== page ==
Parents and children often to don’t see eye to eye on how to define success in the classroom. Operation Survival asks Dr. Shimon Waronker to respond.
Children and adults define success in school differently. For a child, success is measured by whether they have friends, whether they are doing well academically, and how they are perceived by their peers. The class clown will feel success every time he cracks a joke in a class and the entire room bursts into laughter. Of course, the teacher won’t think that was a successful lesson, but the child will feel success.
To ensure both children and parents are using the same definition of success, parents need to be explicit when describing success for their children. When parents sit down with their children, they need to review the expectations they have and be clear about the ways they will measure success. Clear expectations about good behavior and academic achievement should be explained. If parents do not provide these explicit expectations, they should not expect the children to know how success is defined. It is also important to have conversations with the children throughout the year to measure success based on those expectations.
Teachers who receive phone calls from parents who are not pleased with their child’s progress should ask the parent what expectations were set at home. If the parent reveals that no targeted conversation about school success has occurred, the teacher should encourage the parent to have this conversation.
Having friends at school is also part of being successful. This is critical. Parents’ expectations of who their children’s friends are important because some friends help a child be more successful than other friends. Children need to be told how to recognize a good friend and how to recognize someone who is not a good friend. One way to explain this is to tell children that a good friend is someone who will help them excel and meet the expectations of their parents. If their friend is taking them in the opposite direction of those expectations, then they know this is not a good friend.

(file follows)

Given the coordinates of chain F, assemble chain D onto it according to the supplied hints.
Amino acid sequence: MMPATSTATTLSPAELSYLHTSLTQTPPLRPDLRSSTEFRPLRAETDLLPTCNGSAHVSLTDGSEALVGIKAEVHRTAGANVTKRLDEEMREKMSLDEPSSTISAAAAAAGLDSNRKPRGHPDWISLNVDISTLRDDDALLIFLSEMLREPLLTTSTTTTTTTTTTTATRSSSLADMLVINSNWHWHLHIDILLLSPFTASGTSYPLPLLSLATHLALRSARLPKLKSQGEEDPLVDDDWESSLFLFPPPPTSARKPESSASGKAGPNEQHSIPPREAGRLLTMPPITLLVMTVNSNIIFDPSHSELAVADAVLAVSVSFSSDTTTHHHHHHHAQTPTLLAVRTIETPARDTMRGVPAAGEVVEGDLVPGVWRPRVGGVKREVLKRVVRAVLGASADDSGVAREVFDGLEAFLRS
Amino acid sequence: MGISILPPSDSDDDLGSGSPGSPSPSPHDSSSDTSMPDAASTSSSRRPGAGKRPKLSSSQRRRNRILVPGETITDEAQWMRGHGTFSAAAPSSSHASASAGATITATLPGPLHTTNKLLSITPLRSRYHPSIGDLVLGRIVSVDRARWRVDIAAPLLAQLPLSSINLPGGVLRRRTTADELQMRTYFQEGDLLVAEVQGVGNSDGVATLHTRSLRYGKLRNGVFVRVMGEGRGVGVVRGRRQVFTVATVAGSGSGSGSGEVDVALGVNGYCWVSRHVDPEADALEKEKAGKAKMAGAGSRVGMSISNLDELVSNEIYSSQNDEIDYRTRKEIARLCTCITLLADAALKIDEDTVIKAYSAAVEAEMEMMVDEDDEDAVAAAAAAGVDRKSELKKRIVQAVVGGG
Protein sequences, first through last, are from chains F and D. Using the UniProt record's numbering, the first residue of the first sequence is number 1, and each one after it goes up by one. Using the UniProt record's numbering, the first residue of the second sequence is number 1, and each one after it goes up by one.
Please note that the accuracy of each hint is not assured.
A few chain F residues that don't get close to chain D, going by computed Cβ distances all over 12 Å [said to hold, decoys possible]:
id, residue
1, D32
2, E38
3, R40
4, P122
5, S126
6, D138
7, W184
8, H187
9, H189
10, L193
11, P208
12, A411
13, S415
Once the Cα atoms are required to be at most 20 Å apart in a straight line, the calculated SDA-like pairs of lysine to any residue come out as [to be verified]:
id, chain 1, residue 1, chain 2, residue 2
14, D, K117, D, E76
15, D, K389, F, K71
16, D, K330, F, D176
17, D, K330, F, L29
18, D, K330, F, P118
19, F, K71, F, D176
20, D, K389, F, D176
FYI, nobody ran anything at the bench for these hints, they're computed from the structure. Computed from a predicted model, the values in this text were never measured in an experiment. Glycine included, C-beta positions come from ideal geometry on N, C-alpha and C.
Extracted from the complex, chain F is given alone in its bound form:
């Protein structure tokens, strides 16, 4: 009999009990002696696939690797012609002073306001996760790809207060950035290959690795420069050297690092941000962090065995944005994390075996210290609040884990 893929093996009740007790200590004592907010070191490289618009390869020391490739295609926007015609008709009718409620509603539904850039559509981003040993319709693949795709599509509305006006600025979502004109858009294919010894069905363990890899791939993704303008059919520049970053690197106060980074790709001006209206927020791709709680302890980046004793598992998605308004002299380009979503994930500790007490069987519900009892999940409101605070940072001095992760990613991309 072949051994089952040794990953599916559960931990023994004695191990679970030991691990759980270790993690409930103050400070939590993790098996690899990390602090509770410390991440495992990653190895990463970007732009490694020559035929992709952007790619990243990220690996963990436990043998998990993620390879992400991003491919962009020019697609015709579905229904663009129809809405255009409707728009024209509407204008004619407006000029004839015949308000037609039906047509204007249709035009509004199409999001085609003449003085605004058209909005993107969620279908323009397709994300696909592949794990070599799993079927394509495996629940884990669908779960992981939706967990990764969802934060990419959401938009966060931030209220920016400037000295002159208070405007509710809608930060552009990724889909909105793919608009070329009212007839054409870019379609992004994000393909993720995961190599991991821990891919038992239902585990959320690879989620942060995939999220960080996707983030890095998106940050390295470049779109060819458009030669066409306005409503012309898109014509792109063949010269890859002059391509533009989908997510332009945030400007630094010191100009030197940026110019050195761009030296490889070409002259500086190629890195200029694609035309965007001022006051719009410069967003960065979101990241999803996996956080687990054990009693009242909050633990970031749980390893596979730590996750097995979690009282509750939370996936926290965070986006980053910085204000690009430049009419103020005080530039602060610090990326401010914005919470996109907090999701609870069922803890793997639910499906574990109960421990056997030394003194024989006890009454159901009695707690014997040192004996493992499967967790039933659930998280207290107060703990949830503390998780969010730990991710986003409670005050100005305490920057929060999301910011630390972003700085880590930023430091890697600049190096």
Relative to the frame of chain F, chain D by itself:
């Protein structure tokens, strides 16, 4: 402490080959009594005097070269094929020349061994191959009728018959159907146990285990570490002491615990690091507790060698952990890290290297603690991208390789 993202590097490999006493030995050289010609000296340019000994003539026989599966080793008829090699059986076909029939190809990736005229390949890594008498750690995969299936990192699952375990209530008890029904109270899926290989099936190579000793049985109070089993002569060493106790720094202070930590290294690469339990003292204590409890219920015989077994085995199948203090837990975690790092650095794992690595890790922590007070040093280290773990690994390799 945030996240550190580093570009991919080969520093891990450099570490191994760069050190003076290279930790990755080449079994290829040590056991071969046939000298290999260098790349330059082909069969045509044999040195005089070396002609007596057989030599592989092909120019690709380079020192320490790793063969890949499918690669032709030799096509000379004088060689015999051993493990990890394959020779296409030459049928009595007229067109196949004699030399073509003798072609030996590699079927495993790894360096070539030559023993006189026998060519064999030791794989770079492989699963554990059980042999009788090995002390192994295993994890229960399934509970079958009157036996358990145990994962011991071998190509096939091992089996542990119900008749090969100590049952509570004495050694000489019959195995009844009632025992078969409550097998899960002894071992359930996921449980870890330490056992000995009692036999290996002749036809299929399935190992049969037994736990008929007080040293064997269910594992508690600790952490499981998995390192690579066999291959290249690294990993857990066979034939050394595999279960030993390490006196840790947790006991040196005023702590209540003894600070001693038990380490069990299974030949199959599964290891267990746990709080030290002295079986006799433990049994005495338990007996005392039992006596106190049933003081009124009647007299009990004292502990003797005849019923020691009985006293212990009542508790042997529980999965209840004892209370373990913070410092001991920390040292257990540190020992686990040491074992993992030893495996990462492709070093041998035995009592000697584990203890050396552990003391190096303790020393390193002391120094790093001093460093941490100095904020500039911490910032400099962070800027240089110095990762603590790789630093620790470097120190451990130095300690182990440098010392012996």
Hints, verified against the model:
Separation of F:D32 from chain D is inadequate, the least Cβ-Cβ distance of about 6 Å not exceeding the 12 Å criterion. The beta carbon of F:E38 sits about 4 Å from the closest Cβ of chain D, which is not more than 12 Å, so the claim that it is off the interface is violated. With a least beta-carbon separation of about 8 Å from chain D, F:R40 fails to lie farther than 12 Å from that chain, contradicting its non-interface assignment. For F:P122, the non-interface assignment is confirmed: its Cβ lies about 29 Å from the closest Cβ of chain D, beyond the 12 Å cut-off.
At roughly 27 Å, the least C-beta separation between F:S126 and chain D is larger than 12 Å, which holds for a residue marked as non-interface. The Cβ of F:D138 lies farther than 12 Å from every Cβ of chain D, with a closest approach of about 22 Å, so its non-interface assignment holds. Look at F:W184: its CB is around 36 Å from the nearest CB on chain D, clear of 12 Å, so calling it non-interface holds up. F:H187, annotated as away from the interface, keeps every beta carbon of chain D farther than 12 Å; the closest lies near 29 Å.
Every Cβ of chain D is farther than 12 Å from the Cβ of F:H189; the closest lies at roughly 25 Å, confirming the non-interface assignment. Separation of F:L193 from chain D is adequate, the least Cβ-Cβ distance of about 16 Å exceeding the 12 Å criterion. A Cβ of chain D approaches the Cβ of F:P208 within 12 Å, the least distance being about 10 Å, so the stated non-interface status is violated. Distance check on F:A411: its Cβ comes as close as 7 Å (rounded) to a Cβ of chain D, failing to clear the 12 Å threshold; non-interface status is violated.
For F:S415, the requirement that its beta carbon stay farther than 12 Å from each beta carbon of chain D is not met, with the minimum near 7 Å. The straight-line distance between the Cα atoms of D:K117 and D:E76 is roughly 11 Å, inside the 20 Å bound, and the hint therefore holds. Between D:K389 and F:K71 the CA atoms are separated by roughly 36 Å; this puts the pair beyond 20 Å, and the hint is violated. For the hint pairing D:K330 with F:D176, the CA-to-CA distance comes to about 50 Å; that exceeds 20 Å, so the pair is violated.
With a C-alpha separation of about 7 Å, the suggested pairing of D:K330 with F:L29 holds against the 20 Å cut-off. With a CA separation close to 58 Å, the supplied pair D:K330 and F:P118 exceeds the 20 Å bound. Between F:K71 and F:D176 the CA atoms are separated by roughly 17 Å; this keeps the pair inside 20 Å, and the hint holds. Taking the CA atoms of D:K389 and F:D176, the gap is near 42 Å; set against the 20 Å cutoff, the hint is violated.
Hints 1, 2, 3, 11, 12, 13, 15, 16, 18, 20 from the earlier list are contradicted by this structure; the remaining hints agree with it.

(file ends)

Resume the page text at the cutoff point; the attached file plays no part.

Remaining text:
Children need to be told, starting at a young age, that good, true friends will help them study and not ignore the academic side of school. Children should learn that a friend who asks about their homework, cares about them, and helps them academically as well as socially is a good friend. They should learn to see peers who do not care about school, grades, or the expectations set at home, as undesirable friends. Being explicit about how to recognize good friends will help children identify those peers early.
For children to experience complete success in school, it is critical for parents to share with their children not only academic expectations, but also the social and emotional expectations of friendship. Setting this foundation will help children be successful through their school years and into adulthood.
(Interview with Dr. Shimon Waronker, Ed.D for Operation Survival’s Prevention101 series)